Why Does Oakland’s Kaiser Convention Center Plan Have So Much Parking?
Advocates want bike lanes, a pedestrian mall, and more space for people added to the revitalization scheme
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Oakland’s defunct Kaiser Convention Center is a four-minute walk from Lake Merritt BART and right by several AC Transit bus lines. It’s also an easy walk (and certainly an easy bike or scooter ride) from downtown Oakland, Jack London Square, and many other neighborhoods. For people who prefer to get around by private automobile, there’s a large, underground parking lot next door at the Oakland Museum and there’s parking at Laney College, across the street.
So why then does the proposed revitalization scheme for the old Convention Center maintain a giant surface parking lot, three wide driveways, and a layout that seems designed to do everything possible to encourage people to drive there in privately owned cars?
“There’s so much opportunity to resize this parking lot to increase public use of the land,” said Grey Gardner, who’s on the board of the advocacy group Transport Oakland, during a walking tour of the site Wednesday morning. “It’s as if by default the designers focused on the public parking lot.”
The City of Oakland, which owns the property, commissioned Orton Development of Emeryville to come up with the plan for rehabilitating the site. Transport Oakland is drafting a letter to the Planning Commission asking them to reconsider the parking lot.
The letter, which the group plans to deliver at the end of this week, reads:
The renovation of the Kaiser Convention Center offers a rare opportunity for the City of Oakland to vastly improve the pedestrian connections between Lake Merritt, the Lake Merritt BART Station, and the surrounding neighborhood. As Commissioners charged with thinking holistically about City development projects and overseeing these projects’ compliance with existing City plans and policies, we urge you to support a design for the Convention Center that will improve connections to public transit, expand public green space, and enhance access to the Lake, Oakland’s crown jewel.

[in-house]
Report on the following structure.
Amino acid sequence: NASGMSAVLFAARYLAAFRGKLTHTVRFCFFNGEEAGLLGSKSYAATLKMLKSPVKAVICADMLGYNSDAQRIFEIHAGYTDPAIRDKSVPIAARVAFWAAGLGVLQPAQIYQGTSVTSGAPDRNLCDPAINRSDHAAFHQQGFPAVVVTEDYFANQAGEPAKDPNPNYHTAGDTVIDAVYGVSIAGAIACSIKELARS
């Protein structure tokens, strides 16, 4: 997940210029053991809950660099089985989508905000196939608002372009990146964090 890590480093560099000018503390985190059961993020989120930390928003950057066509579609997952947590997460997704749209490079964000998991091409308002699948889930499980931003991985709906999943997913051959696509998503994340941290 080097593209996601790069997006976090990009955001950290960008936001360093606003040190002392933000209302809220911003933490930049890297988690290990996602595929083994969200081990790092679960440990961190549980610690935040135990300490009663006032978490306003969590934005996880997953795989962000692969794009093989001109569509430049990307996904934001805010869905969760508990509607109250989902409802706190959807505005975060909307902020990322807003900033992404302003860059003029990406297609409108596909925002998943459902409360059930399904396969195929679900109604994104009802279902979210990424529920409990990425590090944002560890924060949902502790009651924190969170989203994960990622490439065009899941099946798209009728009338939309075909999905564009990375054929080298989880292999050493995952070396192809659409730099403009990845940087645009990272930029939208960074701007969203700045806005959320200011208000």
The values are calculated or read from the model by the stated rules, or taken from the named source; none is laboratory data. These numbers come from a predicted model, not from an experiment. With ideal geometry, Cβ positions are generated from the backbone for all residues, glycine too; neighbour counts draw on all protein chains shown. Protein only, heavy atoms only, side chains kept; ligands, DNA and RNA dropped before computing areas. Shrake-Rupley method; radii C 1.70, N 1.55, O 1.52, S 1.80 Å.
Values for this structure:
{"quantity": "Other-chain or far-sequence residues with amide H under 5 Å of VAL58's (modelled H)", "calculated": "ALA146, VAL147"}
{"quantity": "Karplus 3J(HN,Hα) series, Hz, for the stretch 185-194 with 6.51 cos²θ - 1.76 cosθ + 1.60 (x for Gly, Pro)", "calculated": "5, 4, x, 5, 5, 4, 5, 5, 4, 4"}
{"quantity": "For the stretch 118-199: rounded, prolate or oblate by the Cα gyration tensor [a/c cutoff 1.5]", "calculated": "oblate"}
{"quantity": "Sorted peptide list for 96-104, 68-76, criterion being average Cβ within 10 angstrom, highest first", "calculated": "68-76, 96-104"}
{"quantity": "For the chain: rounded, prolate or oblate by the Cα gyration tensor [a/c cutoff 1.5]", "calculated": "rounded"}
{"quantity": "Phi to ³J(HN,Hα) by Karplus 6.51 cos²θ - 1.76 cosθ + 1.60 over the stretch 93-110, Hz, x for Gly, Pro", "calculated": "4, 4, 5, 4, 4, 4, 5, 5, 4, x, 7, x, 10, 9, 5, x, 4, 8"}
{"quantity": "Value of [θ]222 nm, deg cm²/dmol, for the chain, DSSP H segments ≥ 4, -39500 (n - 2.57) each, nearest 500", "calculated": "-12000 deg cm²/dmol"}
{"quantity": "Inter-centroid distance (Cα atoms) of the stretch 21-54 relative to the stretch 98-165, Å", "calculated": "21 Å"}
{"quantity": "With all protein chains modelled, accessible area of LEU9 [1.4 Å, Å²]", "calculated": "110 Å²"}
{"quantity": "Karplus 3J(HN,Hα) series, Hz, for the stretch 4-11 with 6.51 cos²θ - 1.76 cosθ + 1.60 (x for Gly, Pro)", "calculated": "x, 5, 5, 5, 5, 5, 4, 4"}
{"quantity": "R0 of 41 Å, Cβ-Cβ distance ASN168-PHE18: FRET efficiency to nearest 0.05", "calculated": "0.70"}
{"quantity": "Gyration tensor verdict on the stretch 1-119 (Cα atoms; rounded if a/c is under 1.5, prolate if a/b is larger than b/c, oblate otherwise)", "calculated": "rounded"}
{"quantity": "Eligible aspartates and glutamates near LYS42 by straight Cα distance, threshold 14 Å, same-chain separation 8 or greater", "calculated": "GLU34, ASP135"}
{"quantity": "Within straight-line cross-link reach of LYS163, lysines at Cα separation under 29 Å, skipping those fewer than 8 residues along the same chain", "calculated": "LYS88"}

The advocates with Transport Oakland want to see the size of the parking lot trimmed and the driveway on the west side of the facility converted into a pedestrian mall, as roughed out in green in the image below. They also want to see better bike and pedestrian connections to Lake Merritt, seen in blue below.
The Transport Oakland letter argues that retaining the existing 164 parking spaces at the expense of pedestrian and bicycle connections to the Lake ignores municipal resolutions to reduce vehicle miles traveled and forge a city that’s more inviting for walking and biking. It adds that:
The current pedestrian connection between Lake Merritt and the Lake Merritt BART Station area is confusing, uninviting, and dangerous. The existing sidewalk that runs along the Convention Center’s southwest parking lot entrance is narrow, poorly lit, and circuitous, impeding pedestrian use between 10th Street and the Lake. Failure to address these connectivity problems through this project will perpetuate the neighborhood’s poor transit and pedestrian access, rendering any such project in direct violation of the aforementioned resolutions. The existing plan not only disregards established City policy, it also represents an outmoded design out of sync with a City that prides itself on its forward-thinking agenda.
Gardner reminded Streetsblog that there are two driveways on the east side of the building, so it’s not as if they’re advocating to remove all direct car access to and from the center. “The parking plan they’ve proposed now is archaic,” he said of the parking lot, which currently takes up about as much space as the building itself. “We can do better than this.”
The Kaiser Convention Center has been closed for thirteen years. If all goes according to plan, restoration of the building could start this summer, with the hope to open it again as a theater, office, restaurant, and retail space as early as 2020, at a cost of over $50 million.
The Oakland Planning Commission will meet to discuss the plans on Wednesday, April 3 at 6 p.m., 1 Frank H. Ogawa Plaza, Council Chambers, 3rd Floor, Oakland. Readers can also email the commission at their contact web page.